In fact, you can get yours here if you act now (Ginzu knives not included)
Hat tip C-Net
Written by Rafael Reyes Saturday, 15 December 2007 18:28
1:15 pm: Plenary session reconvenes. President of Indonesia and UN Secretary-General Ban Ki-Moon lecture delegates on importance of coming to agreement. China chastizes Secretary-General of UNFCCC for allowing scheduling of two meetings simultaneously to interfere with orderly progress of meeting. Secretary-General, who is exhausted, breaks down and leaves meeting. There follows one of the most extraordinary sessions of an international negotiation any of us have ever seen.
India presents a new text stating how the undertaking of developing countries to participate in the preparation of a global plan of carbon limits will be formulated, which has been arrived at by the G-77 in their caucus. The U.S. rejects it. All this is happens without any scripting or planning, in open session, on the floor, with NGO’s and press filling the sides and back of the room. One by one countries and blocs rise – to support India. South Africa. Papua New Guinea asks the US to lead or get out of the way. China. The EU. The small island states. One by one they rise to ask the US to yield to the new language. Frankly, the new language is not sensational; but it represents for the first time the entry of the developing countries together into the global preparation of a plan for carbon limits, and it is their language. Canada is silent. Japan speaks, and no one can figure out what they mean, possibly including themselves. Not one voice among 190 countries is raised in support of the US. The pressure is like a huge, crushing weight in the room. And finally the US asks for the floor and yields. The room bursts into wild applause, and the Bali Roadmap is adopted. 3:10 pm, Saturday, December 15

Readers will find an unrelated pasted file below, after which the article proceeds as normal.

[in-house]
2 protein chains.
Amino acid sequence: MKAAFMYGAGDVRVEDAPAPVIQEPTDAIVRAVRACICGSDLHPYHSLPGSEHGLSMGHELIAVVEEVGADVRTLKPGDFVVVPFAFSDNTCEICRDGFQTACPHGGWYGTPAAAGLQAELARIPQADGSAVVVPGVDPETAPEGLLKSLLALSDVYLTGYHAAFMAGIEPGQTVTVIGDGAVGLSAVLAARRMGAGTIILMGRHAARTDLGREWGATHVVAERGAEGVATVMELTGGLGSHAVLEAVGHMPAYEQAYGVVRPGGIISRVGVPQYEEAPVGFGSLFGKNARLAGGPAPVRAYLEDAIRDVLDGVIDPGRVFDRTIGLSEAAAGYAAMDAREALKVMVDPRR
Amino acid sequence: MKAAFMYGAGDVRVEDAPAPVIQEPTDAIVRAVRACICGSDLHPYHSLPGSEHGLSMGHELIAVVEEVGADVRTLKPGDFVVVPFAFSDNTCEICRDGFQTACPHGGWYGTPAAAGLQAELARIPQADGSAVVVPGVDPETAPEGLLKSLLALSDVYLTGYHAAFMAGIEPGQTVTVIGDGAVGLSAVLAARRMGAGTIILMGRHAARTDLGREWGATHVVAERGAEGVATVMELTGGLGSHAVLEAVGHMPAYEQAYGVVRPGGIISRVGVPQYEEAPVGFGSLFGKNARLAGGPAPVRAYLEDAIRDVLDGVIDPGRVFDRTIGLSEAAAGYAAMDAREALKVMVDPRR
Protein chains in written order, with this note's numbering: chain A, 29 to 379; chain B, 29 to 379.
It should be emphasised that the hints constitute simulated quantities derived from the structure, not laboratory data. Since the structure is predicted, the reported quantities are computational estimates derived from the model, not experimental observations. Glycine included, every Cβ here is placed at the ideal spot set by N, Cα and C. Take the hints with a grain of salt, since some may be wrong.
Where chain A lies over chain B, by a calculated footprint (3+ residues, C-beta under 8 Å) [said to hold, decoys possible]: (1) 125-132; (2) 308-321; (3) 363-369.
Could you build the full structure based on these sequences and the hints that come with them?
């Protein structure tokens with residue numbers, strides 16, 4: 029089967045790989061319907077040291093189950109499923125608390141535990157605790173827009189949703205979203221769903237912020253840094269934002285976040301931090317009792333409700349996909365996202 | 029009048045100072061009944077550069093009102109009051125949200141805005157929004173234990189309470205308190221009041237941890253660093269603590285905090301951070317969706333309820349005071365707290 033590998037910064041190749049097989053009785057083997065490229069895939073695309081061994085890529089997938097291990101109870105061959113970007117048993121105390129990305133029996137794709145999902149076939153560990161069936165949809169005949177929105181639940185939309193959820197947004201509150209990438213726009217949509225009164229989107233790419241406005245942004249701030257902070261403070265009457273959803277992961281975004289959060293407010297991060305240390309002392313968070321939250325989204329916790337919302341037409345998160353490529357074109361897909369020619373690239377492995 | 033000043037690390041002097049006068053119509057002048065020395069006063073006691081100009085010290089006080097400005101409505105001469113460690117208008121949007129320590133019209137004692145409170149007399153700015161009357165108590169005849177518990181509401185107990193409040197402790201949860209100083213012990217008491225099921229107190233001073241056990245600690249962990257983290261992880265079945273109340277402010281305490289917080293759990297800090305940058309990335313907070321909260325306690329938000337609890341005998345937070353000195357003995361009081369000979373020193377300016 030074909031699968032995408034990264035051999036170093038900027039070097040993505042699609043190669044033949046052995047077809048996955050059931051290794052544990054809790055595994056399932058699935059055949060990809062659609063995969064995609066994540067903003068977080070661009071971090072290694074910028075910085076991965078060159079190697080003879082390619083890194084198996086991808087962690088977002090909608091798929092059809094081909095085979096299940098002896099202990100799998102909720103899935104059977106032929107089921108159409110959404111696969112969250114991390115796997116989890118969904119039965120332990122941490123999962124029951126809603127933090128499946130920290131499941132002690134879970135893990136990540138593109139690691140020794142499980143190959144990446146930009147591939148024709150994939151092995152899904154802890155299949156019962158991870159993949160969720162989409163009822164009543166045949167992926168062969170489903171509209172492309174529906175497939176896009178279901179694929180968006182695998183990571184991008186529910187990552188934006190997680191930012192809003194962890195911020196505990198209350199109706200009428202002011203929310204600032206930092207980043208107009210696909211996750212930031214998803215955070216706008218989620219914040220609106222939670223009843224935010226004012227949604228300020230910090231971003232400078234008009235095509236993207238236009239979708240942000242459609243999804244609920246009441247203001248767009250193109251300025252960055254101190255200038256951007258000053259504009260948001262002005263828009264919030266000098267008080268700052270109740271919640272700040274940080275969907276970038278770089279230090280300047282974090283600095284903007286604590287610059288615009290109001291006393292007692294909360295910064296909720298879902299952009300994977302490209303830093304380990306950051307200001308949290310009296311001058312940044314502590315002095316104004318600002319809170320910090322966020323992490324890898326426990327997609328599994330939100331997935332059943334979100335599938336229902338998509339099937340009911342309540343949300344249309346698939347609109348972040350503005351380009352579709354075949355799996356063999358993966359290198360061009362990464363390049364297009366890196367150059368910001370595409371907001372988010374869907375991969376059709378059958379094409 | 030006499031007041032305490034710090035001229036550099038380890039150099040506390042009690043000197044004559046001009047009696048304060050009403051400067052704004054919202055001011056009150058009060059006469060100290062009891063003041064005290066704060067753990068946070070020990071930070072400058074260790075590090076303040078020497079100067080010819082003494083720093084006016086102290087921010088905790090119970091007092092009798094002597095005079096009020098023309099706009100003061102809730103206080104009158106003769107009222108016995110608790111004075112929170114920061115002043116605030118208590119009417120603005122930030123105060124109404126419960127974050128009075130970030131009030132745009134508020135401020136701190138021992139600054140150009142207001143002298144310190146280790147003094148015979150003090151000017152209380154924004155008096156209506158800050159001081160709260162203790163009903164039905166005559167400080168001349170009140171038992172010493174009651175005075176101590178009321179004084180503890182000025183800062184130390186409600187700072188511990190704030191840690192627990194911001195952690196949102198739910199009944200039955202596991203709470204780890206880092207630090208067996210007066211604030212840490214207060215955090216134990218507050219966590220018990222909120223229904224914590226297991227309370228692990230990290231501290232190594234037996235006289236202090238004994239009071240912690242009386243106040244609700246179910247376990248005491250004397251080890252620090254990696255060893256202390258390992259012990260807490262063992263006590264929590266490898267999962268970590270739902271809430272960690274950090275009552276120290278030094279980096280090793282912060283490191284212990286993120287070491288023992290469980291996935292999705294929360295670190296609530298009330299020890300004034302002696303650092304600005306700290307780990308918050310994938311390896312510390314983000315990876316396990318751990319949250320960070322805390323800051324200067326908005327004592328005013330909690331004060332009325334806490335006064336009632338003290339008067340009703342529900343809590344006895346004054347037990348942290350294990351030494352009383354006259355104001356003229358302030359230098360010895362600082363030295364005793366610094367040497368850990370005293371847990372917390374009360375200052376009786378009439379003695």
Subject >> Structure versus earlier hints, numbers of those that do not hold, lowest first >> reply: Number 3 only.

CNN reports here. The US delegation actively obstructed every constructive effort so the late break was hardly lauditory. Reports say China was suprisingly constructive. In the end, the agreement was very modest incremental progress - important on the mechanism to reduce deforestation and the inclusion of underdeveloped nations. However, there are no hard targets.
Written by Rafael Reyes Saturday, 15 December 2007 01:01Berkeley's outstanding initiative to make solar affordable, San Francisco follow suit. Word is that Newsom was upset that Berkeley stole his thunder. And while SF's plan may not be as strong as Berkeley's it's still good - adding momentum to efforts to fundamentally change the finances game and make solar readily accessible.
The bad: What looked to be an exceptional energy bill from Congress died yesterday by 1 vote despite having been passed by the House and showing prior support for its elements in the Senate. Instead we got a bill that raises auto fuel efficiency (CAFE) to an average of 35 mpg by 2020 but includes what many consider questionable "renewable fuel standards" which subsidizes ethanol. With the death of the good energy bill also died incentives for wind and solar which were to be funded by rolling back the outrageous give aways to the oil industry in the horrible 2005 energy bill. Clearly the bad.
The sunny: Despite the death of the federal renewable incentives California at least is maintaining strong momentum on distributed solar thanks to the state's Million Solar Roofs plus municipal and financial services initiatives. Nanosolar, one of the promising local "thin-film" solar manufacturers not only secured more funding this fall, but has started production. Let's just hope sunny California momentum can carry us through until the clouds break in Washington DC.